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Tag: childrens

Creator of “Where’s Spot?” dies at 86

hillEric Hill, whose children’s books about a mischievous dog named Spot sold more than 60 million copies, died last Friday at his home in central California.

Hill, whose first book, “Where’s Spot?” was published in 1980, passed away after a short illness, according to Adele Minchin, a spokeswoman for his publisher, Penguin Children’s Group.

The book told the story of Spot’s mother, Sally, as she searched for him around the house, finding a hippo, a lion and other creatures along the way.

Hill was born in England. His career as an illustrator began when he became an errand boy at an illustration studio during World War II, which led to a position at an advertising agency, according to the Associated Press

While freelancing as a creative marketing designer in the late 1970s, he drew a picture of a puppy using his now-famous flap innovation, which fascinated his 3-year-old son, Christopher.

He was so pleased with his son’s reaction to his work that he invented a story to go along with it, which, eventually, became the highly successful “Spot the Dog.”

wheresspot

That came after countless rejections from publishers who were wary of  his use of paper flaps to hide parts of his illustrations — such as a flap in the shape of a door that is lifted to reveal a grizzly bear.

“Familiar as we are today with a children’s book market where flaps, pop-ups and all kinds of novelty and interactivity are taken for granted, it is hard to recall what an extraordinarily innovative concept this was in the late 1970s,” Minchin said in a statement.

“At that time, Eric’s idea was so different that it took a long while before anyone was brave enough to consider publishing his first book about Spot,” she said.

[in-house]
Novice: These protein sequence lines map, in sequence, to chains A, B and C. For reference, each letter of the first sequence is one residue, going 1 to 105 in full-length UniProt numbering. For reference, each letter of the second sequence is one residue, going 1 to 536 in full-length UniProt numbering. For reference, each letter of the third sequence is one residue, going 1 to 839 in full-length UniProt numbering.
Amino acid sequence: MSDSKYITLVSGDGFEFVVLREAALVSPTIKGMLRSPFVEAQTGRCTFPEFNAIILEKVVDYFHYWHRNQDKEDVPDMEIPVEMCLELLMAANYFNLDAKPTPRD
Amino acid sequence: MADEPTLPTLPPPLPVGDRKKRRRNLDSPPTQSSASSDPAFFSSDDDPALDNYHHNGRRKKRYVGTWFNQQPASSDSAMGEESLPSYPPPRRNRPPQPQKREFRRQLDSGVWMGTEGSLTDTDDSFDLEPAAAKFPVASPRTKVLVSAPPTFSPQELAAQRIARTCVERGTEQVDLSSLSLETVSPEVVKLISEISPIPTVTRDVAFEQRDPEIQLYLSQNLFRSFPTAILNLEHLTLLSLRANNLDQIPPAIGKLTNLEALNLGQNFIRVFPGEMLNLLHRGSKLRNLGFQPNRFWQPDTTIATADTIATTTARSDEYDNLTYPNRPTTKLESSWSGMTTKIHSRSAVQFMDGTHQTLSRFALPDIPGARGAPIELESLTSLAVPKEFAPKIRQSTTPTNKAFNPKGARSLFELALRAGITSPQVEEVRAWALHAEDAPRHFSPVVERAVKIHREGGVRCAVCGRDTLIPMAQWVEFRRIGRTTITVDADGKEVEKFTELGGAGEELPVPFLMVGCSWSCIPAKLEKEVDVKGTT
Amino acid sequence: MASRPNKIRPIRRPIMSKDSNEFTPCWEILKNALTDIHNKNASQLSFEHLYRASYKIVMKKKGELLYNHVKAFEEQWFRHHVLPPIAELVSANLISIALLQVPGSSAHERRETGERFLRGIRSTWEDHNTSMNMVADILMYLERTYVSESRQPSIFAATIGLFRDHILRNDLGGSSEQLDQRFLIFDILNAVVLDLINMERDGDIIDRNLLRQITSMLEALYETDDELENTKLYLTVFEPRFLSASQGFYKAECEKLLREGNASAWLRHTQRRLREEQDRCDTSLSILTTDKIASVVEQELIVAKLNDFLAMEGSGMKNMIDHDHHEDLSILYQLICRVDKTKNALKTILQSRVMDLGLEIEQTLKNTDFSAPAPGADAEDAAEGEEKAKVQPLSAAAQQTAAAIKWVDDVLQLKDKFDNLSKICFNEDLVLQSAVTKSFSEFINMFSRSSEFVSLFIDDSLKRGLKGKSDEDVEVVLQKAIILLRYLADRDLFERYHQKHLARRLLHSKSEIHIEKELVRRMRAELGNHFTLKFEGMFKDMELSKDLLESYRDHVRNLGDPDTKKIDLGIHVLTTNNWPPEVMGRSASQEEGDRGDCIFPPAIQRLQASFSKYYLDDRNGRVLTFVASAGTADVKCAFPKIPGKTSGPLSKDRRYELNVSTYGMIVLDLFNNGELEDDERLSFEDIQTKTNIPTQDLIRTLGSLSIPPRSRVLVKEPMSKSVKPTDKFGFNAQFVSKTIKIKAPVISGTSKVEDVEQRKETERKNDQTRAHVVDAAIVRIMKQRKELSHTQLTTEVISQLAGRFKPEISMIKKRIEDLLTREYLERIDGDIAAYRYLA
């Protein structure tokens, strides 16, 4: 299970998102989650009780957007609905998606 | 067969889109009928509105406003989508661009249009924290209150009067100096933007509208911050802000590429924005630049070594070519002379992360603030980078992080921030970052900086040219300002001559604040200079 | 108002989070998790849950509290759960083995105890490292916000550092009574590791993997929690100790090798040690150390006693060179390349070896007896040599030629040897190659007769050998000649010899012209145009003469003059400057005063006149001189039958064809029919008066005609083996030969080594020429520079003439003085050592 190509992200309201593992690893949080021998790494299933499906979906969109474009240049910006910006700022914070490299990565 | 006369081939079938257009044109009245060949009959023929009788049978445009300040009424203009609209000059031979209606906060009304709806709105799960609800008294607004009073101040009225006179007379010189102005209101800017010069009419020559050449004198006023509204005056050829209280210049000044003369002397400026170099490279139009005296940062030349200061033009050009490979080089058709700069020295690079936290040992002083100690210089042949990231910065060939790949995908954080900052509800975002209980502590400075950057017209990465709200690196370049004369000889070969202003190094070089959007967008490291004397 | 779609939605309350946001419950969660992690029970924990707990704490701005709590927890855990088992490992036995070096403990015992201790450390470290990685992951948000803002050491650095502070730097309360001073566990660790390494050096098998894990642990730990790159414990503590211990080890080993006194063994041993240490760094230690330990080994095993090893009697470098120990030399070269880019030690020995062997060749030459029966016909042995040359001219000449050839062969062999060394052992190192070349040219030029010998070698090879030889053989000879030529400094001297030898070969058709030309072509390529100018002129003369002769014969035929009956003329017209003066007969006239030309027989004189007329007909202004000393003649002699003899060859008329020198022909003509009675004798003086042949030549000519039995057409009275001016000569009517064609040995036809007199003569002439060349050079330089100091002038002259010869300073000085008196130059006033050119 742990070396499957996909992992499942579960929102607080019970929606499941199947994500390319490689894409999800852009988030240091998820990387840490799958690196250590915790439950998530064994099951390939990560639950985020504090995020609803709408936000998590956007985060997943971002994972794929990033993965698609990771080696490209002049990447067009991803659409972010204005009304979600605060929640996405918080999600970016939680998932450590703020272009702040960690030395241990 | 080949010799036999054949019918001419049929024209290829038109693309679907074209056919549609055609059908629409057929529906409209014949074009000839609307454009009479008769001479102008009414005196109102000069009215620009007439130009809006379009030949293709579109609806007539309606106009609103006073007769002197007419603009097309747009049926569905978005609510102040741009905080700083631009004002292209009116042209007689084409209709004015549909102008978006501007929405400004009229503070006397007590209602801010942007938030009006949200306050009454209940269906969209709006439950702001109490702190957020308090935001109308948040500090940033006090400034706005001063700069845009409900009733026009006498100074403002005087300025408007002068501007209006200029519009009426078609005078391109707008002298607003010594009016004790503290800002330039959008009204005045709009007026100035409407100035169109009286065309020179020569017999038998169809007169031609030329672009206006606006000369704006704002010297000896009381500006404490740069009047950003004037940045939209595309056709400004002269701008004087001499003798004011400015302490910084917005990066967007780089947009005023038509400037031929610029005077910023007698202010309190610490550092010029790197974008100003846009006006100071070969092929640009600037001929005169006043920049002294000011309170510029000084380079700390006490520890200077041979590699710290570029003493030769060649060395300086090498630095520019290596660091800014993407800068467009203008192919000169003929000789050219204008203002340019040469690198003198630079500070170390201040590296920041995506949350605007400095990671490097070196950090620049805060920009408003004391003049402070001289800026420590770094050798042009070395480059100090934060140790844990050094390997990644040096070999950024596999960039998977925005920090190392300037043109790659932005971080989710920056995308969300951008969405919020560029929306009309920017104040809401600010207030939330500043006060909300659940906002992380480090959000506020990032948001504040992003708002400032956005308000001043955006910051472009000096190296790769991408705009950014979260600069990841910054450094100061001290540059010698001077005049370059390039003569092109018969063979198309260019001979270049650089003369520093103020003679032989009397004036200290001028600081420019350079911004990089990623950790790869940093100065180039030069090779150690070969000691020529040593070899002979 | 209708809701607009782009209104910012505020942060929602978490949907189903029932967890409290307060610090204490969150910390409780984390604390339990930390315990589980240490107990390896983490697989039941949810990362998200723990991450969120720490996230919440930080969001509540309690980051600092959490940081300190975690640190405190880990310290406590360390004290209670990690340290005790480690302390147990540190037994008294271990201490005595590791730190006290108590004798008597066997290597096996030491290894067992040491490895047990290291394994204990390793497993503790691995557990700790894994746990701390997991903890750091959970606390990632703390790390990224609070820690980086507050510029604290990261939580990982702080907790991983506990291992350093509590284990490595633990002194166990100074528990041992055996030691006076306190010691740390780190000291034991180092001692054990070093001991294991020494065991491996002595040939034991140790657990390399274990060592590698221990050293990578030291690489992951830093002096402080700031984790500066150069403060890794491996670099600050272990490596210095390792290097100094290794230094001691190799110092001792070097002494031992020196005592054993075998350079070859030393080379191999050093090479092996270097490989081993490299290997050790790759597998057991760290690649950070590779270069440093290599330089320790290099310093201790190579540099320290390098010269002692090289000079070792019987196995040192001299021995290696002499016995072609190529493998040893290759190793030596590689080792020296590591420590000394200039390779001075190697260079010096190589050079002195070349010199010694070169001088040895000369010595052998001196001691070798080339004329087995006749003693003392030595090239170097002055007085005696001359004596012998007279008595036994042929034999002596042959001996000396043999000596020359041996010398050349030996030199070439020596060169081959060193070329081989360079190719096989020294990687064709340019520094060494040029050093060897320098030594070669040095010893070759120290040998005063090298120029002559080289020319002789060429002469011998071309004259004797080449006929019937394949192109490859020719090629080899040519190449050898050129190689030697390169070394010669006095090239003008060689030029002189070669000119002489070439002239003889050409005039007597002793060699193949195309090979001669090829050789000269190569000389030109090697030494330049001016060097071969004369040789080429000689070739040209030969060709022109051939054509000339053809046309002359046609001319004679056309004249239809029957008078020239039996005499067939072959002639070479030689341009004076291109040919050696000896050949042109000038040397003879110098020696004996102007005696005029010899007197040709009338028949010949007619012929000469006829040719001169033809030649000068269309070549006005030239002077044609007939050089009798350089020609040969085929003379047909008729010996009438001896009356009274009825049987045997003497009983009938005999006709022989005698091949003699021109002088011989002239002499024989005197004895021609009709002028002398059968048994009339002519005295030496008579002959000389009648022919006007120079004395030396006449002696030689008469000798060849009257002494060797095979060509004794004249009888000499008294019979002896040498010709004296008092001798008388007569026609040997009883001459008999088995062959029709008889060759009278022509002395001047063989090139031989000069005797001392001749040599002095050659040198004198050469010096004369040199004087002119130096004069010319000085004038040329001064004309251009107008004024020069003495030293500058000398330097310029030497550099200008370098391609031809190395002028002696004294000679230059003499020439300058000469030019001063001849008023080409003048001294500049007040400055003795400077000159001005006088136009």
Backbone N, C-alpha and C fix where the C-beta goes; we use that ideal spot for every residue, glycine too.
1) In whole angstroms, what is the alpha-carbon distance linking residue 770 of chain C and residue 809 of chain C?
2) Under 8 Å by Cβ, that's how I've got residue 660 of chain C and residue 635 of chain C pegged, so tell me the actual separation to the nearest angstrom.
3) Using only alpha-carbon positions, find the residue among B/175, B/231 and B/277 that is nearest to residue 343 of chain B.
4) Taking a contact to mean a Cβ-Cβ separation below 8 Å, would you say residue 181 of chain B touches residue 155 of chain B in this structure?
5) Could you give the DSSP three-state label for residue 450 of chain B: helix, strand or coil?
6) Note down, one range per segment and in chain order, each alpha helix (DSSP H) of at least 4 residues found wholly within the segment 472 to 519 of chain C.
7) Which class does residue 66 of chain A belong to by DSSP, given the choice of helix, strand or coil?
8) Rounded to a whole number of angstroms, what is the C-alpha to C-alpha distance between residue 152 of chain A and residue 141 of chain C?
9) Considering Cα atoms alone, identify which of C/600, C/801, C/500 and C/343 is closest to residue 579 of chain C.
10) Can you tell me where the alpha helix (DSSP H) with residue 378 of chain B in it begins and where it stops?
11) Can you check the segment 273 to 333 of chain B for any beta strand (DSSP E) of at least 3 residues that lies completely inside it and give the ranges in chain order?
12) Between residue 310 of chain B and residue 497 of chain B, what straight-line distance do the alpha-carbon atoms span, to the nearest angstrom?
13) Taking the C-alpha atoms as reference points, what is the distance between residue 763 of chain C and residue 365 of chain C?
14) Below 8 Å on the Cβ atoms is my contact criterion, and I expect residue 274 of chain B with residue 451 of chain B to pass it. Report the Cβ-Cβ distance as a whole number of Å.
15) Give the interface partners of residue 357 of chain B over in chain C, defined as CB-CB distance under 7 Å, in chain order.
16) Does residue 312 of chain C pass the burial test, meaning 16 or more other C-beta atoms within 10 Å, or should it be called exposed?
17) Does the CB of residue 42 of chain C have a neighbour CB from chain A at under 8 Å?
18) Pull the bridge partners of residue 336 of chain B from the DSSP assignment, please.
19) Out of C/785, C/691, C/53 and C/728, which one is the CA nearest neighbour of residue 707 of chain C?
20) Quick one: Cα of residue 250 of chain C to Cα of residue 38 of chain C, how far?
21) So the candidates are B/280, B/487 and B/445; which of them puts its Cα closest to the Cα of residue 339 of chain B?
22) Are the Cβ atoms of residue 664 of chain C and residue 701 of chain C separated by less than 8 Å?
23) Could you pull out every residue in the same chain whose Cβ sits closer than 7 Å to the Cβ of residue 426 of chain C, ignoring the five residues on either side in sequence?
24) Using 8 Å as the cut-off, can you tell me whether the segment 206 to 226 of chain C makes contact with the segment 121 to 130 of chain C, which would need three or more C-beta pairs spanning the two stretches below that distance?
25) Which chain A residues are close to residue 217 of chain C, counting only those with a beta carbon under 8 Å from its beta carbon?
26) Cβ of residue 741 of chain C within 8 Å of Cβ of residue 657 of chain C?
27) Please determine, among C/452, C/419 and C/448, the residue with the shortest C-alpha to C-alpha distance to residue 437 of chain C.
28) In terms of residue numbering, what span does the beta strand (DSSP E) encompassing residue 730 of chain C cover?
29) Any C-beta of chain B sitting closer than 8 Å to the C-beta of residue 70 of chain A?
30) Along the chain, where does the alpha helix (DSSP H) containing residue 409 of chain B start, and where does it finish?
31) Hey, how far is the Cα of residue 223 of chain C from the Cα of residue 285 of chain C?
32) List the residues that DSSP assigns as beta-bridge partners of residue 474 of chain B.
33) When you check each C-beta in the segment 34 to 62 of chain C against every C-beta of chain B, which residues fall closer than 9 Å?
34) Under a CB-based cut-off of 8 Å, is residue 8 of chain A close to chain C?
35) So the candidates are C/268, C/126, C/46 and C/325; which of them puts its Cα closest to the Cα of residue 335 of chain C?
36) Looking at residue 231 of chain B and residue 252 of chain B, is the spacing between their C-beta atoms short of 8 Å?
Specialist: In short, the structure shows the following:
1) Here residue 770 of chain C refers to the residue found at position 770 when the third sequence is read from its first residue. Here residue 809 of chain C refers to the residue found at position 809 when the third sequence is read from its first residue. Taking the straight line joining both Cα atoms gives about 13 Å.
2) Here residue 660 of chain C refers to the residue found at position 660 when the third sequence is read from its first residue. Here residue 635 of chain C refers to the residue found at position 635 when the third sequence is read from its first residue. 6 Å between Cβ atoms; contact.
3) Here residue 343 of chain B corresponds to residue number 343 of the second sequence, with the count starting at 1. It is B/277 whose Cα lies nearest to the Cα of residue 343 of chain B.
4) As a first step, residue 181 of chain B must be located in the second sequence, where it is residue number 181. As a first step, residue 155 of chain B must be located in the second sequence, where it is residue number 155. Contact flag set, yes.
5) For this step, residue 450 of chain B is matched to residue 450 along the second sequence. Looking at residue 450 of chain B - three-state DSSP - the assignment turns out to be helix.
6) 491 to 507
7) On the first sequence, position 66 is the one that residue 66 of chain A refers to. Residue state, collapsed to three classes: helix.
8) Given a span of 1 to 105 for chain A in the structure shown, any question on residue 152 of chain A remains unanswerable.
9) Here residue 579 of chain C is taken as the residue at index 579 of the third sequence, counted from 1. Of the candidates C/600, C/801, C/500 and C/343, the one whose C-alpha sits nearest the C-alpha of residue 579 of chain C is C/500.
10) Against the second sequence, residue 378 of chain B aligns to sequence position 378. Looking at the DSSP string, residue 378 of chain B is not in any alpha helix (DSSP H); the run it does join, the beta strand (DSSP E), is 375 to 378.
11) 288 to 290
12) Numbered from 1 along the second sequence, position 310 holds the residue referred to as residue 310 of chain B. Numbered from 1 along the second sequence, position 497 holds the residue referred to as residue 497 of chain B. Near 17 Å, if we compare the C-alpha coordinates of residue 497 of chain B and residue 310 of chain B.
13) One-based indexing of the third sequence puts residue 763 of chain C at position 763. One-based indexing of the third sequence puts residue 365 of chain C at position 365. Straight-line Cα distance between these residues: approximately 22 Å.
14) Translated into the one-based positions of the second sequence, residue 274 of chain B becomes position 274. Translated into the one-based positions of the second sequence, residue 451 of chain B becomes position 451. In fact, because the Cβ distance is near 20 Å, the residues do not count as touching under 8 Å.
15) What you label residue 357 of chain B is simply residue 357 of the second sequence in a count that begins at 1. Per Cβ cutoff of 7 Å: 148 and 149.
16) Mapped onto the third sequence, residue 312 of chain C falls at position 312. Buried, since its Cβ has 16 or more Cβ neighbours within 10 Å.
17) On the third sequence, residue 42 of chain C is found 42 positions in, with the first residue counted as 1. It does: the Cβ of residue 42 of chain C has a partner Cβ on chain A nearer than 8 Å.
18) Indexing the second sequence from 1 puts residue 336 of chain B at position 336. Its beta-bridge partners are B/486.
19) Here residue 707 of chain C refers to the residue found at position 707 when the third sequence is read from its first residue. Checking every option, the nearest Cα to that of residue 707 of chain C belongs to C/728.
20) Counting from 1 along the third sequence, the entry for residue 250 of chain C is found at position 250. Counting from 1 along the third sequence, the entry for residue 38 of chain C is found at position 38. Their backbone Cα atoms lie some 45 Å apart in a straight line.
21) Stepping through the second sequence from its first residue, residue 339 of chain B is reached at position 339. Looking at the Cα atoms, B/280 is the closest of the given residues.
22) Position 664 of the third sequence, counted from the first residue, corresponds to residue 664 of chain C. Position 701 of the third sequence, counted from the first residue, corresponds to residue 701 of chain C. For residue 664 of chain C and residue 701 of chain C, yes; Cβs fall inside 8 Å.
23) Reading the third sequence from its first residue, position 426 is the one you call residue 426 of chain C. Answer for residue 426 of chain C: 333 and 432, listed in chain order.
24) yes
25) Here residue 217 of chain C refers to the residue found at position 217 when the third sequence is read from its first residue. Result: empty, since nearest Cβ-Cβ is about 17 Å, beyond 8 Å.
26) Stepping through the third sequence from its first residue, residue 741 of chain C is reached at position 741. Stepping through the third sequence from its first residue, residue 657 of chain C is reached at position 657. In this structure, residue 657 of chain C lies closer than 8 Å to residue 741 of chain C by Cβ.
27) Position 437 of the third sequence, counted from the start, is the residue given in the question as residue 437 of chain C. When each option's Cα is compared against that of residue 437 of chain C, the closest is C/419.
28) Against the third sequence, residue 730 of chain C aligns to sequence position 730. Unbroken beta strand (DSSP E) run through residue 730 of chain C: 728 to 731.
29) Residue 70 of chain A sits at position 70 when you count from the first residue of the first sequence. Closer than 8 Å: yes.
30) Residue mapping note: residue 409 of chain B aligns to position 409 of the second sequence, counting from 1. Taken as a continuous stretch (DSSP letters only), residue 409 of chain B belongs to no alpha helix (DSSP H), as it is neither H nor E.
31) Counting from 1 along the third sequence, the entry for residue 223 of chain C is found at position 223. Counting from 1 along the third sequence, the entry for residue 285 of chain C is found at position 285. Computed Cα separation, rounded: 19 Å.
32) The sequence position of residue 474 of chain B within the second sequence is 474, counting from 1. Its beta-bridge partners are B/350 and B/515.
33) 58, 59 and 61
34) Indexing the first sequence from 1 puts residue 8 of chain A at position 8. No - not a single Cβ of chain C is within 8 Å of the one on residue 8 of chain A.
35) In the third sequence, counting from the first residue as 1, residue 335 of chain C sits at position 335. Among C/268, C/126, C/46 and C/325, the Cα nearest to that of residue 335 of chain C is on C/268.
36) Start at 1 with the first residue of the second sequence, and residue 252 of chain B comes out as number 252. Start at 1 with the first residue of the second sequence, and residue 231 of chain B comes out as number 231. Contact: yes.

“Where’s Spot?” was followed by “Spot’s First Walk,” “Spot Goes to the Beach” and many others.

Hill, who moved with his family to the United States in the 1980s, is survived by his wife, Gillian; his son, Christopher; and his daughter, Jane.

Something different on Saturday morning

mcmillan

As part of its continuing effort to make Saturday morning television less cartoony and more educational, CBS is premiering a show whose host rescues a dog every week.

We applaud (almost) everything about that idea.

In the show, called “Lucky Dog,” dog trainer Brandon McMillan will rescue, train and find homes for 22 dogs in 22 weeks.

McMillan, who is said to have trained as many as 10,000 dogs — some for television and movie roles — will choose a dog each week from a shelter, bring him home, train him and find him a good home, according to the Associated Press.

The show, produced by Litton Entertainment, airs Saturday mornings (check your local listings) and is targeted to teens 13 to 16 years old.

According to McMillan, he will not pick any dogs for the show who have abuse in their past — something he says he can detect in his first 30 seconds with a dog.

While he works with those dogs on his own time, he says they won’t appear on “Lucky Dog” because “the viewers that watch this show are not going to want to see a dog that’s been in a fight. This is a family show.”

We — though liking the basis for the show — think that kind of thinking is wrong, and a cop-out, and a missed opportunity for educating an age group that needs to be educated about animal abuse, at least by 13, if not sooner.